Brennan’s appearance stirred opposition among some students and faculty opposed to the Obama administration’s defense and homeland security policies. He acknowledged the controversy in his speech. “Much has been attributed to me over the course of my career,” he said. “And after recently reading some of the things that I reportedly have done, said, or have been responsible for while I was at the CIA and the White House, I must admit that I was deeply torn between giving the commencement address or joining the protesters and petitioners who have so energetically opposed my appearance.
“But that’s what makes our country great: our individual ability to openly and freely express our views, whether or not they are popular, whether or not they are in the minority, or whether they are even based on misimpressions.” Brennan had to pause here for sustained applause. “That’s why I still do my job, because the values that this country was founded on, to include freedom of speech and freedom from harm, are worth fighting for.
“And as long as I try to do my job to the best of my ability by calling upon the life lessons that I learned in Professor Entelis’ political science class, Father Rushmore’s theology class, and John Banja’s philosophy class, I can rest peacefully at night, and I do.”
“The discussions…were both good and very important,” Father McShane said. “They bore witness to the seriousness with which our faculty and our students wrestle with the great and sometimes divisive issues of our age.
“It is good for us to remember that our nation was founded as a self-conscious experiment in democratic government,” Father McShane said. “From the very birth of the republic, therefore, it was understood that we would never be, and could never be, a static society. Rather, it was believed that our national experiment would, and only could, grow stronger and more perfect through the honest and vigorous debate of deeply held views connected with our core values.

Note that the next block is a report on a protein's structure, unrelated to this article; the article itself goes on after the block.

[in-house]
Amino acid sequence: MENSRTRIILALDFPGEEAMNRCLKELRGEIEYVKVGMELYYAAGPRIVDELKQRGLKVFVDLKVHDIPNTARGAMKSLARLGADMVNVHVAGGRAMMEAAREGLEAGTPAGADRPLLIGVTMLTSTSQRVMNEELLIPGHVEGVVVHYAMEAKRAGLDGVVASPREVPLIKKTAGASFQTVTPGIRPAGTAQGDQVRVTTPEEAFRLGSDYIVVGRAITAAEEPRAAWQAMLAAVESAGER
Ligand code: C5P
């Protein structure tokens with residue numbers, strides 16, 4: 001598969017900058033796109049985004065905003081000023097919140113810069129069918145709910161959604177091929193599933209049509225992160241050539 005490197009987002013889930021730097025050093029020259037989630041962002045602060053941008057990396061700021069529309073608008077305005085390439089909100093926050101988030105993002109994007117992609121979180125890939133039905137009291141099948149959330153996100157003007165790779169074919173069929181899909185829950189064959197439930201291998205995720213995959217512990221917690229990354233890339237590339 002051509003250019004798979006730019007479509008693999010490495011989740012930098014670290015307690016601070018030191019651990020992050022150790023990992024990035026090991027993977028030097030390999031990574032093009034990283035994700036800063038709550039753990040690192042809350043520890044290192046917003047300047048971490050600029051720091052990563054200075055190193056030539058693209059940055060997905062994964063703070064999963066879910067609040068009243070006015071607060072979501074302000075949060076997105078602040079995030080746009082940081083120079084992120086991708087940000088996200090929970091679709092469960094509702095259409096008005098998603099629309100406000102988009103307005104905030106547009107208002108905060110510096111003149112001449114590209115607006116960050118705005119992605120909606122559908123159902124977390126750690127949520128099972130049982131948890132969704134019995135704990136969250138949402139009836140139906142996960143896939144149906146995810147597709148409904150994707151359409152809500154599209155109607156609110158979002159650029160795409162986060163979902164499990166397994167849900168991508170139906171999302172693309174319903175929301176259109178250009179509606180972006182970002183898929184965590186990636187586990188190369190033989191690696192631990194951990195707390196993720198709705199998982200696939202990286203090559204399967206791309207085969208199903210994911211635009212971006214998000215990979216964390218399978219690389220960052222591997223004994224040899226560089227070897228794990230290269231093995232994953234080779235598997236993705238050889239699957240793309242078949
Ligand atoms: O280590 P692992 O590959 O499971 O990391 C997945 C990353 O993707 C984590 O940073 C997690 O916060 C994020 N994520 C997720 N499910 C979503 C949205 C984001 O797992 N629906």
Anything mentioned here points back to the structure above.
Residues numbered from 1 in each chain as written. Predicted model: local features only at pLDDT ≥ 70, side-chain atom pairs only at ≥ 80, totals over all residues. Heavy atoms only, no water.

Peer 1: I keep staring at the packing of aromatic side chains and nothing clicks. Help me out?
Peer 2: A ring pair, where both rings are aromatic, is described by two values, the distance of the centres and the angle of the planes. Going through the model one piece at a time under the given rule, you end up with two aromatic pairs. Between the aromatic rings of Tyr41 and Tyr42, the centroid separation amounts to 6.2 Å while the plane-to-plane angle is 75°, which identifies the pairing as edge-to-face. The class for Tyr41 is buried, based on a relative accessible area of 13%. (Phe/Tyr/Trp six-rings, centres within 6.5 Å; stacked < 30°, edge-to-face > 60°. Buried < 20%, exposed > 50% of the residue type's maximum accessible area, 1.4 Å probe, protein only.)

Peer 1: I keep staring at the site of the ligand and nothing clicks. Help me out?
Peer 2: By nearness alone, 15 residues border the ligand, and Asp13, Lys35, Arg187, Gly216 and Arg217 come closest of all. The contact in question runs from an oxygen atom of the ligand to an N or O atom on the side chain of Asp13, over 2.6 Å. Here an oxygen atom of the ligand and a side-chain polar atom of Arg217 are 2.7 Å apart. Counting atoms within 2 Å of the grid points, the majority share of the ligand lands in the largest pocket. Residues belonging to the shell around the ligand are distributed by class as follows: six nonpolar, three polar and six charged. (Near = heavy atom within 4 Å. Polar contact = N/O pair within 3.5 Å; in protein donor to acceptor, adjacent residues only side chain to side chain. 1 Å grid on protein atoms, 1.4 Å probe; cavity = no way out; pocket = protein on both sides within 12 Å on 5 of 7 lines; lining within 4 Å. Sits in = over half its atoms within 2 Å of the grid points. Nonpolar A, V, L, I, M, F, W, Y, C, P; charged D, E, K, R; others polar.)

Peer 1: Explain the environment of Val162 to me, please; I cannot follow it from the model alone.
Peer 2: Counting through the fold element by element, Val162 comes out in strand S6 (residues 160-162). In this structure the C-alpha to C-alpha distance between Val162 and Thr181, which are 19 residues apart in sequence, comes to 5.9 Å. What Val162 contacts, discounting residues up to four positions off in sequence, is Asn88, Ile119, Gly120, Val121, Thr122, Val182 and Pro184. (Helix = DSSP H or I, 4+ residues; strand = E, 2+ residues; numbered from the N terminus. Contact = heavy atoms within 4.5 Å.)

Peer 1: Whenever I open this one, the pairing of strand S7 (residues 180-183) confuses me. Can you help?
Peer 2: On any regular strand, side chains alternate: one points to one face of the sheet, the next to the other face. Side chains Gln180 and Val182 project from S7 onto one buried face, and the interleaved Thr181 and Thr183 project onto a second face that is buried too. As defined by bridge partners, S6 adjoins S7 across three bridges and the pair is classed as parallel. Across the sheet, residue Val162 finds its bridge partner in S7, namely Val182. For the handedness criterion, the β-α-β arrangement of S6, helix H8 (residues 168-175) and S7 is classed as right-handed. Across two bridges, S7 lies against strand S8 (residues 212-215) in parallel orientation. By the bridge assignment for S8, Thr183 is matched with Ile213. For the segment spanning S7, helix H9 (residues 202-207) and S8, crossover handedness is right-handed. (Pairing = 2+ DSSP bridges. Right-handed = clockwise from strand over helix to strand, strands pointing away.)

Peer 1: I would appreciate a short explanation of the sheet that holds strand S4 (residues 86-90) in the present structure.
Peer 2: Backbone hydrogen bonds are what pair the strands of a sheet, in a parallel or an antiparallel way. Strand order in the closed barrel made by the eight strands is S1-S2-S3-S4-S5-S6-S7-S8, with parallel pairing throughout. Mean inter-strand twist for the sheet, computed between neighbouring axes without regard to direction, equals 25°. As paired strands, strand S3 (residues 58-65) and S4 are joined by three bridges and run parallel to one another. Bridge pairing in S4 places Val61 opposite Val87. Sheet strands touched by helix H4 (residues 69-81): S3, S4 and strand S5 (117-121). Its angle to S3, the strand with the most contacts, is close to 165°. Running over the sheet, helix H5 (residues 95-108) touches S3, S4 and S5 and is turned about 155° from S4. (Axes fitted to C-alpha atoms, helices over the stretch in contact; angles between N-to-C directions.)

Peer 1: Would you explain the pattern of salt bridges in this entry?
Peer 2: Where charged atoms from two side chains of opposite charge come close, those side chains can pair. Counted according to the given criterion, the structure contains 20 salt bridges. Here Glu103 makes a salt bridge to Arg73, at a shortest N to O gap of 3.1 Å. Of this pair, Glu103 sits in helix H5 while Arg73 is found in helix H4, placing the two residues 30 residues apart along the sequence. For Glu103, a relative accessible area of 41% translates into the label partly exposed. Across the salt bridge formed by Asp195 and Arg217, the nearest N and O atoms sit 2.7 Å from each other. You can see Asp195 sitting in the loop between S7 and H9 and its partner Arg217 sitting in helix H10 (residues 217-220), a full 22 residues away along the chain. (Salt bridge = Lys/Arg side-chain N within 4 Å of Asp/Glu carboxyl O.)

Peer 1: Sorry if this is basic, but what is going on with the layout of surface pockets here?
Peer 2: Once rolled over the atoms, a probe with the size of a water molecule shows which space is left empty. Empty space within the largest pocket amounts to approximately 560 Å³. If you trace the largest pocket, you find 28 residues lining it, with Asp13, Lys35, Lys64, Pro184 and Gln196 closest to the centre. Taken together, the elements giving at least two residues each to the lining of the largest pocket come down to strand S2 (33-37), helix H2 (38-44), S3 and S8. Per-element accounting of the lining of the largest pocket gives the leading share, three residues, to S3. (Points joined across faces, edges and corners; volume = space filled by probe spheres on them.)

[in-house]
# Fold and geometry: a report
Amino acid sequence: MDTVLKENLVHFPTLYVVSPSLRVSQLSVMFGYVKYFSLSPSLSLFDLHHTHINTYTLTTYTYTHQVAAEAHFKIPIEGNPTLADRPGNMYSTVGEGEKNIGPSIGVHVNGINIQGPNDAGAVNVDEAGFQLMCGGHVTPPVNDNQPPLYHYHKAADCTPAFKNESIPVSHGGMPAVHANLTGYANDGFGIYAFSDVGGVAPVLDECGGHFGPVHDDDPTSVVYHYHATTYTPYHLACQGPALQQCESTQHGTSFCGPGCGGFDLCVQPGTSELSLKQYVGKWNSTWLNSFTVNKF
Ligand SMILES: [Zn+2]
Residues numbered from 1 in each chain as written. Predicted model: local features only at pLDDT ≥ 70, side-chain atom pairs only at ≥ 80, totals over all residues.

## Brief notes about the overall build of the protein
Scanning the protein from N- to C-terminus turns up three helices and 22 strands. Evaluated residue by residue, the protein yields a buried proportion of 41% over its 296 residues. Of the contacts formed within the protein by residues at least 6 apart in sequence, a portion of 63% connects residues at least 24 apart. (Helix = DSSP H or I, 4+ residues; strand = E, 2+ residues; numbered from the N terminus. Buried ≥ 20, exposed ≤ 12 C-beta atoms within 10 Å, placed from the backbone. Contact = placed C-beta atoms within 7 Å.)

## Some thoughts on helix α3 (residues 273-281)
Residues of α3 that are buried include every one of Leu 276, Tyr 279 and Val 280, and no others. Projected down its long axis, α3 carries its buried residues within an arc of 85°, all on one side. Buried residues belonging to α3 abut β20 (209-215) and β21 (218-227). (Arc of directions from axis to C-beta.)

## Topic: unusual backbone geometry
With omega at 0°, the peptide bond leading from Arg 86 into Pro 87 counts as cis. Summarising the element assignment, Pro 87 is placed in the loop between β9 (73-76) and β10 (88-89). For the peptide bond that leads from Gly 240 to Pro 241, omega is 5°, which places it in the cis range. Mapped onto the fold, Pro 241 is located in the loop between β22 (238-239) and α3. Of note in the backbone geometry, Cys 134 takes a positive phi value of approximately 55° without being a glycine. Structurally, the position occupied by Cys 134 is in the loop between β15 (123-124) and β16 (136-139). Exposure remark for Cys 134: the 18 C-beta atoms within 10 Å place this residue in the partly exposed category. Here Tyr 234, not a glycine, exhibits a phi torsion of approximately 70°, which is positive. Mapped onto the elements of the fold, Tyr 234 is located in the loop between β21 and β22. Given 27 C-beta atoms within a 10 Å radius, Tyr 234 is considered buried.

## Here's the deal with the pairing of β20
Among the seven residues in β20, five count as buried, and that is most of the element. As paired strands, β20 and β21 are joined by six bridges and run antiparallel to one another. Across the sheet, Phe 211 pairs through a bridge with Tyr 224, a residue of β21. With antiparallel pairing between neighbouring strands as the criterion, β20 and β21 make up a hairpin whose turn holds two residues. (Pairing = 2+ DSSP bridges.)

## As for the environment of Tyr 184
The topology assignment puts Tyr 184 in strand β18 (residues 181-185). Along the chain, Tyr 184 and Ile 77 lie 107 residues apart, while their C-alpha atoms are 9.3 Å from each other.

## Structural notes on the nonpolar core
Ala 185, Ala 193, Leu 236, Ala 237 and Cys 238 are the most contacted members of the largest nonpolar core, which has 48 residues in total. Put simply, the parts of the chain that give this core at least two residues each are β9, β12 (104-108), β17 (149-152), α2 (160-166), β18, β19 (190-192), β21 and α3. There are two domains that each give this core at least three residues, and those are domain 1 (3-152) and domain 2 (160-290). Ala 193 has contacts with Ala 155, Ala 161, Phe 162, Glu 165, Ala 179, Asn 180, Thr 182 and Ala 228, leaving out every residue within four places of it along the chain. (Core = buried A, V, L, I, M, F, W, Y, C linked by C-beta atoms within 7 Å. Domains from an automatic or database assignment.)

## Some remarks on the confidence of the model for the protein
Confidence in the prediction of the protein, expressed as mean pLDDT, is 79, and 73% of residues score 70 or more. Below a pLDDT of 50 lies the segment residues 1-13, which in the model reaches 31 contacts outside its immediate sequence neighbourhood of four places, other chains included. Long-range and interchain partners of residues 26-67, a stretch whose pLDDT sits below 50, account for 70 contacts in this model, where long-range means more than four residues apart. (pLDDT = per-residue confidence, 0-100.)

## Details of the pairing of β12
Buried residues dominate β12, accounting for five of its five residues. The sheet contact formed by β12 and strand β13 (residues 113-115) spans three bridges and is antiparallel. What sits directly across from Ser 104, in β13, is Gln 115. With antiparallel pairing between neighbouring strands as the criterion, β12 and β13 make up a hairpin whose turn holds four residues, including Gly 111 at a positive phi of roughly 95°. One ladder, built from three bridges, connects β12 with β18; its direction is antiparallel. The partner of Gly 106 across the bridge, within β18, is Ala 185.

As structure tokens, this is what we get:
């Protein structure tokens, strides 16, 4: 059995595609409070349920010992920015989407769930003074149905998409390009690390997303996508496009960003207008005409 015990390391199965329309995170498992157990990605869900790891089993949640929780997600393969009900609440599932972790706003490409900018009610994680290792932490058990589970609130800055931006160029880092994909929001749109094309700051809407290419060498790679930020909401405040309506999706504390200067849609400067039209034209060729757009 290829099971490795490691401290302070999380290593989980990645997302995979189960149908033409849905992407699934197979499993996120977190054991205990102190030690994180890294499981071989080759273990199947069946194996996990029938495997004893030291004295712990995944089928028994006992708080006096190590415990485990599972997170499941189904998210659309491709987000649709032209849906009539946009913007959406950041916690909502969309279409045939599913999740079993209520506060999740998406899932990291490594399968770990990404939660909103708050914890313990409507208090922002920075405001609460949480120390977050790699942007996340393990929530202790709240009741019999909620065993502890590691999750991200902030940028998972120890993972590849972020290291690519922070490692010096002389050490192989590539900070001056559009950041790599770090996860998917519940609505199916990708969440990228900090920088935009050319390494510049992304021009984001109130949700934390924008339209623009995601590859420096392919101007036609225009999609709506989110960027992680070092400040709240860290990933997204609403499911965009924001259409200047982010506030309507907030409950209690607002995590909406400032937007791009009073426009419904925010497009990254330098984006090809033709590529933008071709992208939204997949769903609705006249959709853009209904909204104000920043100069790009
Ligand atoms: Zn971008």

“Therefore, I would like to thank both [Brennan] and the women and men who raised questions about his appearance for making this an occasion on which our graduates were sent out into the world with an important lesson on civic engagement.”
He said Brennan, that morning, offered to come back to campus next academic year for a longer discussion. “I agreed on the spot,” Father McShane said.
He also urged the graduates to “be forever bothered” about problems in the world. “Seek answers that will bring a measure of justice to our world, and a measure of dignity to all the brothers and sisters that God has placed in our care.”
Brennan told the 3,432 graduate and undergraduate degree recipients that they were among the most privileged of the world’s population. “You have virtually limitless potential in your respective career fields, but it will remain only potential if you do not seize the opportunity you have been given,” he said.
In other advice to the graduates, he impressed upon them the need to work hard to prove themselves in the workforce. “There is no free lunch,” he said. “You will need to work hard and overcome obstacles, probably more times than you think you should.”
Brennan also stressed the need for work-life balance, and to spend time with one’s family. He said he was “blessed” to have his 92-year-old father, Owen Brennan, in the audience, and he urged the graduates to take his father’s advice. “Don’t look back years from now with regret because you didn’t get that balance right,” he said. “Believe me, the cost of such a mistake is too high.”